Interview date: August 27, 2012 Download a PDF of this conversation Jennifer Lacey and DD Dorvillier discuss joyful work, physical memory, eurhythmy, and DD's process of making human future dance corps Danza Permanente, opening on September 15 at The Kitchen, co-presented with the French Institute Alliance Française (FIAF)'s Crossing the Line 2012. Jennifer Lacey: Could you explain a little bit the system you use to make Danza Permanente? DD Dorvillier: It's the score of a string quartet, Opus 132 in A minor by Beethoven. It has five movements, and a long, slow adagio in the center of piece. Each movement we made differently; basic strategies had to do with reducing the melodic and rhythmic content to a series of themes or generic phrases. Some of it is so self-evident- there is a melody, which repeats in variations through the whole 1st movement, in a different key or something, so we reduced it to a theme. There would be a phrase of dance that would go along with that theme, note-by-note to try to embody that theme. And of course its totally subjective, the way that we made choices about the shapes of the movements and the way they were organized in space had to do with reading the music, hearing it played, our own references, what it made you feel like, how it made you feel like moving… Sometimes it was based on how the notes were moving: low to high, rhythm unfolding or something was in unison. Each of the different movements we found different strategies to translate. Jennifer: You have this tone of official-ness when you talk about it, like it’s a NASA science project. But there’s a lot of subjectivity present, the work relies on it, and is strengthened by it. Did you pretend you all needed to agree on a method or was there immediately a respect for the obscurity of individual interpretations? DD: We agreed on 'that’s the theme, the theme looks like this,' but sometimes people had to do certain interpretations, so some people solved that first note by stepping to the left and some solved it by bending a knee, but that was a bit of a problem so everyone started stepping on the left, and that became the way to do it. There were some places where people solved those kinds of problems in different ways and we decided that, ‘Okay, that’s inherent to that instrument, Walter resolves like that, so that means that’s the cello.’ Jennifer: So they were responsible for an internal consistency, for their own instrument in the dance? DD: Yeah, exactly. Jennifer: When you were first making the material, there wasn’t just the relationship to the theme in the music but a relationship to words and to concepts and you were making vocabulary that was symbolic- making symbolic movement. DD: The first four notes, first eight measures are a series of four notes that are kind of played back and forth between four instruments. They progress from low note to high note and vice versa. We listened to it as just four notes in a row; it had a kind of meaning or a kind of “feelingness” to it. When we were in Seattle, we listened to the loop over and over, and we moved with the eyes closed, videotaping each other for 20-minute sessions. Many things happened. Knowing that we were trying to find something consistent so that we could make the patterns in the music visible and finally in that whole work it seemed like it was about a whole life, about evolution or a cycle or this kind of underpinning of life. Then in the musical analysis of the string quartet with Zeena [Parkins], there was a lot of language about these 4 notes as the base of the 1st movement; they function as this renaissance motet, they gave substance to the thing. Jennifer: There are so many steps and it’s so structured, given the structure was in a way, a readymade. Sometimes you were churning out steps in front of people and you were looking at people’s variations and deciding if that anomaly or if that mistake or difference was actually integrate-able or not, watching over a landscape and deciding whether to leave that tree growing or not- sort of a gardener’s capacity. I was wondering if you have anything to say about your experience of being a choreographer, or of choreography is in the making of this piece? DD: It was really like being a gardener, that’s a nice image. It’s funny because it definitely is choreography, and I definitely made up a lot of it, and others made up a lot of the steps as well. Gesture is not only in the sign but also in the organization of the body somehow, the organization of the body creates a rhythm just by bending or straightening, stepping onto a straight leg or going from a plie to a straight leg. Jennifer: These are things that we know, but this process made it fresh, interesting, impertinent somehow… there are times when I wonder about the relationship of the making time to the performance time and then the appreciation time, the way it lasts in me as a receiver, but I didn’t have any questions about this piece. I was like, “That work was totally worth it!” DD: Sometimes our work is kind of what the piece is about, in a big way, and I think more than this piece being about choreography is really about the dancers: if you can trace a story in their performing and relationships. It’s about dancing and being an interpreter. Jennifer: That’s why choreography is necessary; that’s the subject of their activity, the choreography. Accomplished dancers doing complicated choreography. That’s what it should be all the time, but I felt that this piece was particularly satisfying as a viewer. The choreography was well made, but the satisfying-ness of it was in the engagement, in the discussion of what they were doing while they were doing it and at the same time the difficulty; it didn’t look like they were struggling at all, but I could appreciate that they were working. And working with pleasure, working with a different sense of work. That is also quite interesting, this concept of joyous work. DD: I think that’s the key. Sometimes I’ll wonder “did I make this piece just to see people work?” That’s not why I made the piece, and what I enjoy is not even the prowess of their memory, in the movement itself there isn’t much virtuosity, so what we’re left with is the excellence of their concentration and their joy as you say, the joy that comes from them. Jennifer: It’s not joy like greeting card joy, there’s a certain kind of vivacity and aliveness to it. That’s why we’re here watching live performance! DD: What’s interesting is that if you really listen and you have a good memory. You can hum the tune of the string quartet; you can hum one of the themes. I can now dance a theme, but that’s because I made it up and I know it. Jennifer: Is that linked with an internal hearing for you? When you do the movement do you hear the theme? DD: I hum the music just before so I can remember what it is. I tried really hard to make a distinction between physical memory and mental-physical memory because what I learned was to dance to memorize it so fully that there was no more “thinking” necessary, but here they have to be thinking all the time. There’s a physical memory that they have. There are certain places where they have momentum, when they allow the momentum to take over and they have a natural counting rhythm, but in this case momentum is the most difficult thing for them to do, because if they go too much into momentum they lose the others. So, they either have to go all together in the momentum and know it or they have to keep counting. It happens in different ways. On a really good day the very opening is like butter; they’re just completely together. But I’ve also seen it when they’re just a little bit off, and its just totally different, so its just a minor way of connecting with the momentum of the whole group that kind of throws the whole thing off. “Are we going together or are we counting?” And they have to be able to do both. Jennifer: Did Zeena talk about her experience as a musician? Is that how musicians play together? DD: She didn’t use the language that I just used, but she has said, “When a musician sees this kind of 30-second note sequence, they don’t think about it as a dot for every note, they might think about it as exactly movement with a momentum.” Jennifer: Movement through the notes, but they still have to keep time with the orchestra. DD: But there are places where she was like, “they wouldn’t play it as if it was a series of notes, they are playing movement.” When we were first working, we were trying to do this truncated series of notes, and she was like 'this is actually more like movement.' Jennifer: I was privy to several skype meetings of you guys puzzling out the score, which was incredible because you have some musical training, but especially Zeena going at it as a musicologist. I found it interesting that there was this real scientific, mathematical integrity to your discussion, and then moments where it was like, 'ugh, put it in the green pile!' DD: We were trying to bring the music and the dance together, so she would come at it from the musical point of view and I would come at it from the practical problems of the dance. Jennifer: Like, ‘we’re on the wrong side of the stage.’ DD: Zeena also has a dance background, so she would be like ‘can’t you do that with the arms instead?’ Jennifer: Why make music visible? DD: I’m challenging myself now with this concept of making music visible because it’s with a wink and a nod. Making music visible is kind of a utopic promise. Jennifer: I understand you’re tongue-in-cheek about it because it also seems to be impossible unless you have synesthesia. In a way it’s pointless because we don’t see the music. DD: That’s why I feel it’s kind of false advertising, but it’s an interesting language to use. I say ‘utopic’ because if I’m saying that we can make the music visible that means there’s no difference between music and dance, but in fact it’s the difference between music and dance that makes life so interesting. Jennifer: I would say that maybe the disillusion of those differences in the piece is sort of a fantasy about the end of life or what happens when we die, rather than a utopic vision. DD: It’s painful because if you can see what is heard then does that mean that you don’t really need to listen anymore? Or if you can hear the dance, then does that means that you no longer need to see it? Jennifer: You do have a tendency, as I do, of these unwieldy blocky concepts that exist in the world and that influence people and ourselves, and you tend to go at them (as I do) as a screen for activity. But I feel like you are a much harder worker, you actually tried to do the thing that’s impossible. DD: This work is about work. I don’t think I have a work ethic or something, but I think probably one of my modes of expression is obsessive-ness, and I’m very attracted to work that’s obsessive or extremely detailed. I’m actually really interested not in detail to produce beauty, but in detail for the sake of detail itself, which can be boring and dangerous. When you engage with that with other people it’s like you’re making a tapestry together. You need to put all that energy into all the details that go into just preparing the threads, and then you have that loom; everything has to be scheduled and negotiated… Jennifer: It makes sense, and it’s also a bit old fashioned. DD: Sometimes it takes itself too seriously. Jennifer: I would say that it’s old-timey. DD: It’s old timey… The references people made were ‘oh, its really baroque.’ It could verge on the territory of craft, which I’m not against, but the work isn’t really that. Jennifer: What did you think of the Steiner eurhythmy videos? One was about using eurhythmy in education and one was a Beethoven piece performed by a San Francisco eurhythmy group: DD: They’re both pretty great. In their effort and their sweetness and tenderness. The Waldorf proposition is kind of utopic, when I think about it as translation, when I kept watching them going through the different grades. I’ve used eurhythmy a lot; I’ve been very influenced by it. In CPAU, Amanda had gone to a Steiner school and I had done a little bit of eurhythmy in Puerto Rico… and we watched a ton, so we kind of invented our own eurhythmy alphabet. As I listen to the woman on the Waldorf video, I actually thought there was something quite sincere about giving students opportunities to engage with ambiguous relationships with signification, with gesture producing meaning. Jennifer: Yes, it does do something about the experience of oneself in relationship to a group. DD: But, when I was also watching the aesthetic, I was like, ‘ugh, why do I always have to see this idea connected to this aesthetic?’ It’s overbearing. Jennifer: It’s completely overbearing. We’re dealing with a tradition that is pretty anchored. It’s seductive and completely disturbing. A lot of language around Steiner is constant justification. DD: I do think that Danza Permanente would be a nice offering to students at the Waldorf School. Jennifer: Steiner himself said that eurhythmy was not dance, that it was making music visible and making language visible. DD: That’s really funny! This is definitely dance…it will always be dance. Jennifer: When you’re talking about utopian concepts it’s important that there’s a time of belief and investment. You’re not creating a system for the ages; you’re creating a system for this piece. The things you learn may carry onto the next piece or not, but it’s not about creating a language that will continue to develop and influence people and be functional beyond the making of the piece. DD: Exactly. Jennifer: At the same time, there’s a serious investment in that language in that moment, and I think that that’s an interesting quality, maybe, of our generation. Because we grew up in the cradle of modernism with these techniques that were meant to last longer than the body of their creator, and longer than the specific work that was being made; they were meant to support the work. And then we got into the mishmash of the 80s and 90s where people needed to maintain a company because they had a certain vocabulary that had to be delivered in a correct and nuanced manner. And now we’re not doing that but I do notice that we really like to dig in there and be like, ‘this is how we’re behaving for this amount of time, and we’re really going to do it…’ But it’s disposable. DD: I don’t know if it's disposable, you can certainly reuse it. Jennifer: It’s subject to entropy, and we know it. DD: It's mutable. The next piece I’m doing I really want to get my calves in shape because we’re going to be hopping a lot, but it turns out I hop a lot in all my pieces. So there are certain things that help when the others can do them. Jennifer: That comes up in your work; that is for sure. I look at those dancers and I see stuff that we did 15 years ago. DD: You said it very well; we’re not making techniques that are meant to outlast our bodies or the body of the work. Jennifer: There is something that persists. Wally [Cardona] and I wanted to get rid of all of that stuff and it wouldn’t go away, so we just called it the ‘Wally-ness’ or the ‘Jennifer-ness.’ There is the hopping and there are certain gestures that I completely recognize as coming out of your body. Whether or not you have invested energy in developing technique, people reproduce forms all the time. They are vibrant and more necessary because they keep coming up rather than remaining as a result of preservation.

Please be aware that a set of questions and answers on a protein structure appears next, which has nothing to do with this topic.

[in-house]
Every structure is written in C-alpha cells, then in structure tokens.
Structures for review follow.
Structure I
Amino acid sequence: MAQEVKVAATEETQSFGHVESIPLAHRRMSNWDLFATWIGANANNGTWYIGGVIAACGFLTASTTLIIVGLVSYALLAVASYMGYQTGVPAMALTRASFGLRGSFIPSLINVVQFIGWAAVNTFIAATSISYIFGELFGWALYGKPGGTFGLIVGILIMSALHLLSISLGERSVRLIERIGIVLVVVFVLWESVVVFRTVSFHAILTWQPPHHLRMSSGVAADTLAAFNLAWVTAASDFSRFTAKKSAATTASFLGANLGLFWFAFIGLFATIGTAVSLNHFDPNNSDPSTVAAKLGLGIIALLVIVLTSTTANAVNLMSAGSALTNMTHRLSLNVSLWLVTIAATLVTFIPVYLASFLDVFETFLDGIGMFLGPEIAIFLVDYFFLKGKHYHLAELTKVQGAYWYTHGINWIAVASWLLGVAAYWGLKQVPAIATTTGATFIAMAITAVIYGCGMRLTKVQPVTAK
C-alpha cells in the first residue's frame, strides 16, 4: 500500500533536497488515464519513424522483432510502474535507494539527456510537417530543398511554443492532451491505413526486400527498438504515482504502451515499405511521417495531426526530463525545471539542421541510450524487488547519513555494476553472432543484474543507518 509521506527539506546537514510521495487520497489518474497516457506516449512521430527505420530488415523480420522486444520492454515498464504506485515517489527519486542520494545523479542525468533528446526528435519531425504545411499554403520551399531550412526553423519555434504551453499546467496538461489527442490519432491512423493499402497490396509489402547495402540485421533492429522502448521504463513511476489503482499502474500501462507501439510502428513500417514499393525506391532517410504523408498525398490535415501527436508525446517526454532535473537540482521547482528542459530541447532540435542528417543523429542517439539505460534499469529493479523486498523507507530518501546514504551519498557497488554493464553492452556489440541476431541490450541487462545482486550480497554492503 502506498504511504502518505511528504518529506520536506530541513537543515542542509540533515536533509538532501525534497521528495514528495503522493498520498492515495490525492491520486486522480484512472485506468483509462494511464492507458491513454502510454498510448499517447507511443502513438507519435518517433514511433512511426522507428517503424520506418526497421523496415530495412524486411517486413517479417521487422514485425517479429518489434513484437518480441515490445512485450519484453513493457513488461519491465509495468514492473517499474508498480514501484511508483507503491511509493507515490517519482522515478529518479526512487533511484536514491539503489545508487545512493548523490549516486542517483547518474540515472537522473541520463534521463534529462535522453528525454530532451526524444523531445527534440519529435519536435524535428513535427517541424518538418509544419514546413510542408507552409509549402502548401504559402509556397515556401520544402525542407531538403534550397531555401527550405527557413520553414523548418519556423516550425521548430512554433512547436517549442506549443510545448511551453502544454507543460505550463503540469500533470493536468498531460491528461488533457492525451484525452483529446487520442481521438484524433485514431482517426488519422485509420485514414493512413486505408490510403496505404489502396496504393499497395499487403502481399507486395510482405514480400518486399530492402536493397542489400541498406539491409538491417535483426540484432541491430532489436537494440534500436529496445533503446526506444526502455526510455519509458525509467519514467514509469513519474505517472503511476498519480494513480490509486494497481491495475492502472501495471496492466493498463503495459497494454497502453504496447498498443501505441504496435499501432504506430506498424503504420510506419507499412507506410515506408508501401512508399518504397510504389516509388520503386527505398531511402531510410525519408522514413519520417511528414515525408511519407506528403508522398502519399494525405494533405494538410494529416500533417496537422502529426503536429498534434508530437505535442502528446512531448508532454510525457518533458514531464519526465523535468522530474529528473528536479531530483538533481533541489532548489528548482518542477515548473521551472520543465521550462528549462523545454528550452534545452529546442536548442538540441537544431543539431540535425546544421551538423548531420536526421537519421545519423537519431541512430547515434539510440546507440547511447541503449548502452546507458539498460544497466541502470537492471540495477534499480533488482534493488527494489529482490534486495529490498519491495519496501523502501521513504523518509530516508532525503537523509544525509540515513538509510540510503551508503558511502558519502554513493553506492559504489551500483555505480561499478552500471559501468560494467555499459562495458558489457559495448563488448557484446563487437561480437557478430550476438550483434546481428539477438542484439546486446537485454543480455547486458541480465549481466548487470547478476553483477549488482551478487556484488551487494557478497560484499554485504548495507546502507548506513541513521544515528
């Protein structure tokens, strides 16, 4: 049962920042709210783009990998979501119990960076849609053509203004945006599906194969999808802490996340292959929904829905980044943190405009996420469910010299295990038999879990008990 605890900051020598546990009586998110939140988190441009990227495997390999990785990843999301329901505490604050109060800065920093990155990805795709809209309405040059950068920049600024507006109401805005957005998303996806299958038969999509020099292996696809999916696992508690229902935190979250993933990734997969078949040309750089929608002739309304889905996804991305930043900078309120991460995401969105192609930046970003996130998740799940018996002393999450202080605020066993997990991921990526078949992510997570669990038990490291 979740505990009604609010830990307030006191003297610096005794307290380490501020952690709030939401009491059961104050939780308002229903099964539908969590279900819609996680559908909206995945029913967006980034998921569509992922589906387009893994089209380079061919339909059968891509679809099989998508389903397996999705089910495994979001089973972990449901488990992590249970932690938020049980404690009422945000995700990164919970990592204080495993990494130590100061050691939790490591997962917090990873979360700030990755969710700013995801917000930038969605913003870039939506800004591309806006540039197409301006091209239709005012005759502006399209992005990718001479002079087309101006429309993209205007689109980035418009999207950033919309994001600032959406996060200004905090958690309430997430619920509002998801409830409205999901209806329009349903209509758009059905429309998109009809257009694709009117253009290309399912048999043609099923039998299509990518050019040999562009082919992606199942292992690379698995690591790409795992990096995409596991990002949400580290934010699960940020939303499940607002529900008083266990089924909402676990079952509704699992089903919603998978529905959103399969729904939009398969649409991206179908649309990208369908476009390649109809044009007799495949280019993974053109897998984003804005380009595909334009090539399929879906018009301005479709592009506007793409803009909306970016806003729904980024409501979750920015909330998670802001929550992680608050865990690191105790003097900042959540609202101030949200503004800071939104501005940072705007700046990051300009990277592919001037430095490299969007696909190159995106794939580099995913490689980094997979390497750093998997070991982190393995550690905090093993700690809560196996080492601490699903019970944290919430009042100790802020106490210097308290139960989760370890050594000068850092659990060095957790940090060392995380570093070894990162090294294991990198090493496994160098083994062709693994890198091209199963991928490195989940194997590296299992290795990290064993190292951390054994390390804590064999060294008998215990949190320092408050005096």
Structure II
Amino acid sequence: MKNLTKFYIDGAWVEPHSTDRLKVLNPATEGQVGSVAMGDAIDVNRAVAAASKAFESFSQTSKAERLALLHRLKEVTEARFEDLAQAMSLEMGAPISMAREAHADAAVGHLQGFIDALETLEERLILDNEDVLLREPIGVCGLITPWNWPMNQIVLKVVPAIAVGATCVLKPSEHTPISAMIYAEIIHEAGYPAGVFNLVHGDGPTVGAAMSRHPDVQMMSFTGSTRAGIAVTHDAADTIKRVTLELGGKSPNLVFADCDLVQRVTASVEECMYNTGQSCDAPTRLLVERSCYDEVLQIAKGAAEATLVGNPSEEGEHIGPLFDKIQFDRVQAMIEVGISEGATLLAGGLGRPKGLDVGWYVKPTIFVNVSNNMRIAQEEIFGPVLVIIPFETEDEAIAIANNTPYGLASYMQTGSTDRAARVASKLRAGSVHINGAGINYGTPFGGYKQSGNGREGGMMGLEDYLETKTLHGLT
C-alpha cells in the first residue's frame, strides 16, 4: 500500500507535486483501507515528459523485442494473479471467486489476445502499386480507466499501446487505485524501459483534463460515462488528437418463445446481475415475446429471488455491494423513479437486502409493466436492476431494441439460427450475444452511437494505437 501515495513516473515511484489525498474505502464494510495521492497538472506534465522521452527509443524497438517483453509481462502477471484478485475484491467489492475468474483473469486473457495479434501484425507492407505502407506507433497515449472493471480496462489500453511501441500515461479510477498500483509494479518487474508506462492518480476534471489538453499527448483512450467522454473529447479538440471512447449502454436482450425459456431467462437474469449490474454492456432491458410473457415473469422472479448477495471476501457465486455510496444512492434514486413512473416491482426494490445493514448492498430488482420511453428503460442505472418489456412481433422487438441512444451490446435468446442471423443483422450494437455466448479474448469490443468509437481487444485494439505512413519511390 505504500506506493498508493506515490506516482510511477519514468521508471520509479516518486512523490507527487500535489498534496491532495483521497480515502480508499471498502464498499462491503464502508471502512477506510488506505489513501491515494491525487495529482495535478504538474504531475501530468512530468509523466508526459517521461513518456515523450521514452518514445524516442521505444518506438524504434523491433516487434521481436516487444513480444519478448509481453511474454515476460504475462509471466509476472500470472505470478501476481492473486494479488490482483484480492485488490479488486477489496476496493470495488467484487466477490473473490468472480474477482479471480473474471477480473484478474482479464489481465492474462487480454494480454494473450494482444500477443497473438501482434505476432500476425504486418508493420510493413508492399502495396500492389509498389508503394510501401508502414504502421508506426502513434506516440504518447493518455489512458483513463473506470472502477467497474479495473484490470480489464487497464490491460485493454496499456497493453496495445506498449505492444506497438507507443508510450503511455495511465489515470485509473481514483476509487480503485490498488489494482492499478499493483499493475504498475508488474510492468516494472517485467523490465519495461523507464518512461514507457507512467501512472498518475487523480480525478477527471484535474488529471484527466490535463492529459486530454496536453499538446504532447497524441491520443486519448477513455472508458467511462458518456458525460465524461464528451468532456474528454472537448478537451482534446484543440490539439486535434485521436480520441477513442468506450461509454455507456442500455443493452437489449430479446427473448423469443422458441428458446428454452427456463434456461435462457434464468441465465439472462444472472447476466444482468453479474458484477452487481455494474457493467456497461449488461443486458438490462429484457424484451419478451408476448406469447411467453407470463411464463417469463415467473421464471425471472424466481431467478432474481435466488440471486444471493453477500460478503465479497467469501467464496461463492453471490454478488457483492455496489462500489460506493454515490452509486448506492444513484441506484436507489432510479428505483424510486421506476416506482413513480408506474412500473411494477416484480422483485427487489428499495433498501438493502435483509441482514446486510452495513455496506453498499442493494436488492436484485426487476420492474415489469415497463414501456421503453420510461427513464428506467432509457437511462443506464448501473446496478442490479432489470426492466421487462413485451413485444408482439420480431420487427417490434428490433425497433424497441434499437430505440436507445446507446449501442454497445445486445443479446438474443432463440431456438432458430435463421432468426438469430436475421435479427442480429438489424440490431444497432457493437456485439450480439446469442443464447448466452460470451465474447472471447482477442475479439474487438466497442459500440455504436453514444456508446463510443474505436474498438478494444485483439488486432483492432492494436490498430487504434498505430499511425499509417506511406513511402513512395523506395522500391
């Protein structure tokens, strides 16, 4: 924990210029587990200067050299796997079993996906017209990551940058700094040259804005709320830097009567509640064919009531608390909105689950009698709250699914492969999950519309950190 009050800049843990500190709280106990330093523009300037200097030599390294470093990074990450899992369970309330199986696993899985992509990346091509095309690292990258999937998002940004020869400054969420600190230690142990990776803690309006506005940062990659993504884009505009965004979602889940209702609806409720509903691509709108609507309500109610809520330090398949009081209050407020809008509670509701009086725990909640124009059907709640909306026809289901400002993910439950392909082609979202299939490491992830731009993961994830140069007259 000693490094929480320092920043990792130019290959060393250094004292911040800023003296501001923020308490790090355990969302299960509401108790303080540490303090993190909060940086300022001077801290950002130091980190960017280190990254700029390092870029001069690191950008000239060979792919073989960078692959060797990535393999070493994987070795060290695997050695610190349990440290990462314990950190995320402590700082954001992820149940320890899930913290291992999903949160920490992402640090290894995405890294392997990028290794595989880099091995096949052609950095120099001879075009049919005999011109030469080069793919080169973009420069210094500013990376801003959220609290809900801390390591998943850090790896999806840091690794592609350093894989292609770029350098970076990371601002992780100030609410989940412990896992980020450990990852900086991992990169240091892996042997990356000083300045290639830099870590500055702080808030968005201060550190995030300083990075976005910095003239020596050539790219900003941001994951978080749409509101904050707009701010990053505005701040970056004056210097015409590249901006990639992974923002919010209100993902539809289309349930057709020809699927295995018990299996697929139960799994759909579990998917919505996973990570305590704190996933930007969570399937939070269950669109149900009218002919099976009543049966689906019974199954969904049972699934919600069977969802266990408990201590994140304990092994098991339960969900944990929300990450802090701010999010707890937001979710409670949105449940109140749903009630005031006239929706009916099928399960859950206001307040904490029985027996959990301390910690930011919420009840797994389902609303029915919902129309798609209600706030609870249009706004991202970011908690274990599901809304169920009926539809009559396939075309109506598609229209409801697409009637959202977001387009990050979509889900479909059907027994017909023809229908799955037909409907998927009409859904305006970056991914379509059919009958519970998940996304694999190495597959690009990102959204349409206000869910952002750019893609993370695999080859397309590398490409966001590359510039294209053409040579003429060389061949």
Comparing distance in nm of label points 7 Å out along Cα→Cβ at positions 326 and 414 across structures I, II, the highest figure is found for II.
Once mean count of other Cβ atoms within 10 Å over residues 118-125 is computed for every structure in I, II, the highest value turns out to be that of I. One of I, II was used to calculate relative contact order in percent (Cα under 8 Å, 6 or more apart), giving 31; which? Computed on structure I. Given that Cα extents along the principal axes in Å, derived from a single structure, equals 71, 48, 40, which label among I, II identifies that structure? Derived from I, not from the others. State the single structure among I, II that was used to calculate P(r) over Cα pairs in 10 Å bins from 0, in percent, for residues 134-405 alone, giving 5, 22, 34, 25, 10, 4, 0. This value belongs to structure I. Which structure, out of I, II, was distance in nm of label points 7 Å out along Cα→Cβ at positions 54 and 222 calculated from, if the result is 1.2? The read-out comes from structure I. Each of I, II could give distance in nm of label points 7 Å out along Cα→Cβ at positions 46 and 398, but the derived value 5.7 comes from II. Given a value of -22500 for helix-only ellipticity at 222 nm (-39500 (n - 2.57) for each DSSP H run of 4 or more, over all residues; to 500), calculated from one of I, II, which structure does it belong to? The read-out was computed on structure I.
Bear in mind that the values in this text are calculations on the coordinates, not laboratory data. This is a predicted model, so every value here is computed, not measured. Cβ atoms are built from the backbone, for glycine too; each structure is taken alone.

dance, DD Dorviller, DD Dorvillier, eurhythmy, Jennifer Lacey, music and dance, PDF, The Kitchen, Video, Zeena Parkins